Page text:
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Integrating morphology and mitochondrial DNA for species delimitation within the spruce budworm (Choristoneura fumiferana) cryptic species complex (Lepidoptera: Tortricidae)


Lisa M. Lumley, Department of Biological Sciences, CW 405 Biological Sciences Building, University of Alberta, Edmonton, AB, Canada T6G 2E9. E-mail:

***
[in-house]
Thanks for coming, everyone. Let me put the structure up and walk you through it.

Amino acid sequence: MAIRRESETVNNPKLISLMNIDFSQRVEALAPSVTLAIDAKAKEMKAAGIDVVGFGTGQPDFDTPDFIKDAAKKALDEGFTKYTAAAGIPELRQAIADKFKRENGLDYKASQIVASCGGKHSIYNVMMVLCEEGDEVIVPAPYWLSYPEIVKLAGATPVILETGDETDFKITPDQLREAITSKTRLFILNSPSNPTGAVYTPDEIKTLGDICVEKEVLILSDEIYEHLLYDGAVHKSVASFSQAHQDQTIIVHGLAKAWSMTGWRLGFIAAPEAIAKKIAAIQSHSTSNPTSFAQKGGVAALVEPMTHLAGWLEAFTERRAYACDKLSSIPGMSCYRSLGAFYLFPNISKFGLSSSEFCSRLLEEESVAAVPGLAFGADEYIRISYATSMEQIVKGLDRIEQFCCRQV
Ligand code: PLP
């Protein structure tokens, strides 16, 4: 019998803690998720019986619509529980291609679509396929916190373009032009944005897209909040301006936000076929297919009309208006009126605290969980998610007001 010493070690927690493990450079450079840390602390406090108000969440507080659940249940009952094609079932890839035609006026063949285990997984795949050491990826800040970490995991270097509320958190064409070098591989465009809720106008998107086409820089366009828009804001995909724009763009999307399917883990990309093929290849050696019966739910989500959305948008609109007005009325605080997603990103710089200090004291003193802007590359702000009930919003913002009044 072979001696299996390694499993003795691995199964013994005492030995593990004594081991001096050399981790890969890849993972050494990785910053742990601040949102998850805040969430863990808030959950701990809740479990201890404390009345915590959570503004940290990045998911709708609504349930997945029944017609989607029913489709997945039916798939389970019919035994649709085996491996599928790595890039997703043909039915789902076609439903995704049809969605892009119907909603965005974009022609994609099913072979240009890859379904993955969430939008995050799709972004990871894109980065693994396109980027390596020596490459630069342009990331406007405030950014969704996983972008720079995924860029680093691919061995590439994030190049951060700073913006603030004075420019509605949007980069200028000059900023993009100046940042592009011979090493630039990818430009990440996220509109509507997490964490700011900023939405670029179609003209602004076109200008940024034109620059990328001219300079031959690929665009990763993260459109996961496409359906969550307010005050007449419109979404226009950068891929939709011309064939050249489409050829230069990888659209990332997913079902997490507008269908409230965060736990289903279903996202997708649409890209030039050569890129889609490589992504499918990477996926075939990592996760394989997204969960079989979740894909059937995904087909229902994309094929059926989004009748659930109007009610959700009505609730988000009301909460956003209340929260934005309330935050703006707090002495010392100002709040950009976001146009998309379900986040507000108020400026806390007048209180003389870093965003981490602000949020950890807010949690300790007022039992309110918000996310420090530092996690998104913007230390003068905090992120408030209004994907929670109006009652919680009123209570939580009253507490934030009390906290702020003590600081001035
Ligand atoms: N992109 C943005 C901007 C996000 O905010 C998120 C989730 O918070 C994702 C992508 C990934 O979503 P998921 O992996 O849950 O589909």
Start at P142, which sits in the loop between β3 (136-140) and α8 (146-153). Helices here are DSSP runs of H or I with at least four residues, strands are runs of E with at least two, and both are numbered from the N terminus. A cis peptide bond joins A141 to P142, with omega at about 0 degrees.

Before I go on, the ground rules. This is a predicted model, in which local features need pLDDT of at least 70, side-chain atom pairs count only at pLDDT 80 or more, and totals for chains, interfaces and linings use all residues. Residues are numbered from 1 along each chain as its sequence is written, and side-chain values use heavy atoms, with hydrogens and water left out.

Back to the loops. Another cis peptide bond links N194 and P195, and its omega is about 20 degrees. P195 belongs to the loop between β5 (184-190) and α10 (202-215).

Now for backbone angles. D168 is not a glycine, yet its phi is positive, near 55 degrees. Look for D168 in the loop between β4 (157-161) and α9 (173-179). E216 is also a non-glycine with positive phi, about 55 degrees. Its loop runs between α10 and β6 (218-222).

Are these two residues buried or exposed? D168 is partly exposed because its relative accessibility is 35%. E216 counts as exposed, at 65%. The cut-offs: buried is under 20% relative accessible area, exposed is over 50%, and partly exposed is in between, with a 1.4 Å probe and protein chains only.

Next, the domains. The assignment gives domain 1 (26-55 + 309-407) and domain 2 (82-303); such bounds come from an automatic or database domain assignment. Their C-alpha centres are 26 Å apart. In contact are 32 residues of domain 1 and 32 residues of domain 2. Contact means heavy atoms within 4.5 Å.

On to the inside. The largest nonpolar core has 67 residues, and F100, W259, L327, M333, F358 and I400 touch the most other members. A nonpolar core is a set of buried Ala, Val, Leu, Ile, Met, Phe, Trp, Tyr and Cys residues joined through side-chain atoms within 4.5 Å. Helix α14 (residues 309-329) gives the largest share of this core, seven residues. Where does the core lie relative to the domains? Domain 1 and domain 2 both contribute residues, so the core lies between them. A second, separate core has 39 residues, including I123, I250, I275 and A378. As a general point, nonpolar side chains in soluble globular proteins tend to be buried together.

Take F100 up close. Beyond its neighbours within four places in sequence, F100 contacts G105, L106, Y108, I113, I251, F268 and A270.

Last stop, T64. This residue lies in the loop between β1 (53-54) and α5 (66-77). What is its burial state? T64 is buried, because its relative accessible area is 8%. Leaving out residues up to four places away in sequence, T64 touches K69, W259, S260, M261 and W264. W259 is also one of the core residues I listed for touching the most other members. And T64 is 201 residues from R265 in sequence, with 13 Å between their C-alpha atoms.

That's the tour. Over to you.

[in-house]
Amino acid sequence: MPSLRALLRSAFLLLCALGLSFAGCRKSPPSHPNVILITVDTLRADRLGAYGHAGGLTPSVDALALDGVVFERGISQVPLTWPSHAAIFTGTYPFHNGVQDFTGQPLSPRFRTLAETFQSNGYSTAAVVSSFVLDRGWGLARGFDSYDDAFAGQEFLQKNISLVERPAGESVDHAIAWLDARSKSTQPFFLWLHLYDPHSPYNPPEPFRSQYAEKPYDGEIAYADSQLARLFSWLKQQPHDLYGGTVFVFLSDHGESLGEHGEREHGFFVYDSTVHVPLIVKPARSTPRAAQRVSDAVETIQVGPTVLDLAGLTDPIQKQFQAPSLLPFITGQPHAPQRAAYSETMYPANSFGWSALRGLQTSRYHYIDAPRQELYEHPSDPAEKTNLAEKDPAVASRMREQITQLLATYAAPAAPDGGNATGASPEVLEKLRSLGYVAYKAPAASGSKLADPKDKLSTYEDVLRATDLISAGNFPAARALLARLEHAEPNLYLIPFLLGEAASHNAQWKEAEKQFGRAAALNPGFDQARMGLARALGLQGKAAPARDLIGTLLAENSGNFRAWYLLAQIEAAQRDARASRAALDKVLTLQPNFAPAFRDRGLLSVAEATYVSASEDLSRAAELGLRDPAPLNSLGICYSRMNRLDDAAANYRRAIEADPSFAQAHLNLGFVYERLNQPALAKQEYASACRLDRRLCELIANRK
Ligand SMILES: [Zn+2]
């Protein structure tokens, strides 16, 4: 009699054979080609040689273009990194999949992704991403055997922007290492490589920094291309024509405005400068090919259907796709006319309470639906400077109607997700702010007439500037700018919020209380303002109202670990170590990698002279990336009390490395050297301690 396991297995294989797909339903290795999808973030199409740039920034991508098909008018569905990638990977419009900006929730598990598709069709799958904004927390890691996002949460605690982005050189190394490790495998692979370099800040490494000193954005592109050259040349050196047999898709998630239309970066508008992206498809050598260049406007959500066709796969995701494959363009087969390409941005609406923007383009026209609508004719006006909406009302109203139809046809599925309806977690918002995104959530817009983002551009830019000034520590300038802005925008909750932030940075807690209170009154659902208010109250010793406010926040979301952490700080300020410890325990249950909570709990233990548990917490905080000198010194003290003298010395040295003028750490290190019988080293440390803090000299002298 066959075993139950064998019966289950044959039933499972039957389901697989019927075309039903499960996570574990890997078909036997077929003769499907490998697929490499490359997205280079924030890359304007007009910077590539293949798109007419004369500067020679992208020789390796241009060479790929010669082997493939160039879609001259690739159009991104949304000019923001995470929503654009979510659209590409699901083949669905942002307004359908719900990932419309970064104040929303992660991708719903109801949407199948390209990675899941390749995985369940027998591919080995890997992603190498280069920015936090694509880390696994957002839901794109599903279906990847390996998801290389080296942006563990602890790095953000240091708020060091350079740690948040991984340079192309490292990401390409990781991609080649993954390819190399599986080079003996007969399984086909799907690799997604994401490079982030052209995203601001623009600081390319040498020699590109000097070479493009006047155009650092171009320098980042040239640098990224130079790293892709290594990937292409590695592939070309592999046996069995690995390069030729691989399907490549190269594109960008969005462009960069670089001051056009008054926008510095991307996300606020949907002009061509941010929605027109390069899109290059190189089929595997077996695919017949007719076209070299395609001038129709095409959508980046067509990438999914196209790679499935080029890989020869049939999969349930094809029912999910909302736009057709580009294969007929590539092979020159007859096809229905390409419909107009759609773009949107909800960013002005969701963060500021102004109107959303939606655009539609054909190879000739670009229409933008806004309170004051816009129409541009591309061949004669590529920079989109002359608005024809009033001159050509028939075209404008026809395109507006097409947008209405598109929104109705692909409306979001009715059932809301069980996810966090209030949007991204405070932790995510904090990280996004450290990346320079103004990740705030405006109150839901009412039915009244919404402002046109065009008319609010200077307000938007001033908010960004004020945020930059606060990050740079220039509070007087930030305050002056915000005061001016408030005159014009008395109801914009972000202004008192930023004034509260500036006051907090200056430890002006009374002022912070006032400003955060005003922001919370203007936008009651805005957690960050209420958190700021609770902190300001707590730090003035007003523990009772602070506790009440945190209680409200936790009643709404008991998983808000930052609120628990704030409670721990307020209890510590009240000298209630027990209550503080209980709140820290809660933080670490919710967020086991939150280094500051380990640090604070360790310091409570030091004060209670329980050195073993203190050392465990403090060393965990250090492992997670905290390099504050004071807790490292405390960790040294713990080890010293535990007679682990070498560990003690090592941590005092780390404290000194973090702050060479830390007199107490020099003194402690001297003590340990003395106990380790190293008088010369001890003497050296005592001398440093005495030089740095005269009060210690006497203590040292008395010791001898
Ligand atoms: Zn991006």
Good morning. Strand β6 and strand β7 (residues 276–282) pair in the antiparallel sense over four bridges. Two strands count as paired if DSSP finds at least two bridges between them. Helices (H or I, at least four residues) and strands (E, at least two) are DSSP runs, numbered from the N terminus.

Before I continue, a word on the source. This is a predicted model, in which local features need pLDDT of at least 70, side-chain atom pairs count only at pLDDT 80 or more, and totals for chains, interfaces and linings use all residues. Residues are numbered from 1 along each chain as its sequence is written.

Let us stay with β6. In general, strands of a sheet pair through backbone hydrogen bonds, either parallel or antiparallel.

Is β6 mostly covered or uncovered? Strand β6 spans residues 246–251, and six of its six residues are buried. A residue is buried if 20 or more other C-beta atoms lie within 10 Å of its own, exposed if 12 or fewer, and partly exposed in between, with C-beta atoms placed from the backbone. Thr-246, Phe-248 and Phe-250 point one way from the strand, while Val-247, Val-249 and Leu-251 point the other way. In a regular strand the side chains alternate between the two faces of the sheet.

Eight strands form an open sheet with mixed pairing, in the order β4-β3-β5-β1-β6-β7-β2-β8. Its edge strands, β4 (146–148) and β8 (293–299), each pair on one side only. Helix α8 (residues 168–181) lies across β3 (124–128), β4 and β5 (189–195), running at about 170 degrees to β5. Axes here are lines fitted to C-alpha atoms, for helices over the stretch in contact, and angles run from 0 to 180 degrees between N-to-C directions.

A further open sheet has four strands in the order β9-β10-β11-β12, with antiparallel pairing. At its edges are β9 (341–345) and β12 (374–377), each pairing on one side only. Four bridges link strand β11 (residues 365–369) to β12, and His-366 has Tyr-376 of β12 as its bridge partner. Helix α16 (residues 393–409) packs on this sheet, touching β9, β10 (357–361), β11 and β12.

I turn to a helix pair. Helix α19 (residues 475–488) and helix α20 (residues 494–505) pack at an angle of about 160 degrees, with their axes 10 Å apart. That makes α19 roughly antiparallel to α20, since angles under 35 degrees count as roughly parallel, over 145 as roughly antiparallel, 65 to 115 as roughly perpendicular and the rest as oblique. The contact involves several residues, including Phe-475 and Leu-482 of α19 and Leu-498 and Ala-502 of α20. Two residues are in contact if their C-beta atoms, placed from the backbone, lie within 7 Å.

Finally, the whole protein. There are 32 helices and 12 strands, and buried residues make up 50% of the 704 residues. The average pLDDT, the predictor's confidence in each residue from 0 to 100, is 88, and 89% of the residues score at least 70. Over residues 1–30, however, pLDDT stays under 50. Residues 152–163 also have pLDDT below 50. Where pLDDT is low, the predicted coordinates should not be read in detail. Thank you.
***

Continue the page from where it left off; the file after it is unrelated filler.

Species in cryptic complexes tend to be very difficult, if not impossible, to identify using morphological characters. One such complex is the spruce budworm (Choristoneura fumiferana Clemens, 1865) species group, an economically important group of Nearctic forest pests. Morphological, ecological, behavioural and genetic characters have been studied to try to understand the taxonomy of this group better, but diagnostic character states differ in frequency rather than being complete replacements between each species. We used mitochondrial DNA (mtDNA), together with a new morphology-based character system that focuses on forewing colour components, to determine if one or a combination of character sources can be used for species diagnoses within the spruce budworm complex. We characterized 47 forewing morphometric measurements and sequenced a 470 bp region of cytochrome c oxidase I mtDNA for 111 ingroup individuals comprising five taxa within the complex. Larval host association and coloration or adult pheromone attraction were used as the prior method for grouping individuals. Our results showed that linear discriminant analysis of morphometric wing characters gave unique clusters for all species on the first and second canonical axes, except for a partial overlap between C. fumiferana and C. biennis, which are not sympatric in nature. In contrast, mtDNA distinguished C. fumiferana, C. pinus pinus Freeman, 1953 and a group of western species, but the three western species (C. occidentalisFreeman, 1967, C. biennisFreeman, 1967 and C. lambertiana Busck, 1915) shared mtDNA haplotypes. On the basis of the linear discriminant analysis of the combined character set, this study supports the application of both morphology and mtDNA within a framework of integrative taxonomy as the most accurate method for species identification. Furthermore, it demonstrates the utility of quantitative colour analysis, which may be particularly helpful for groups in which colour characters are difficult to divide into discrete units due to intergrading hues.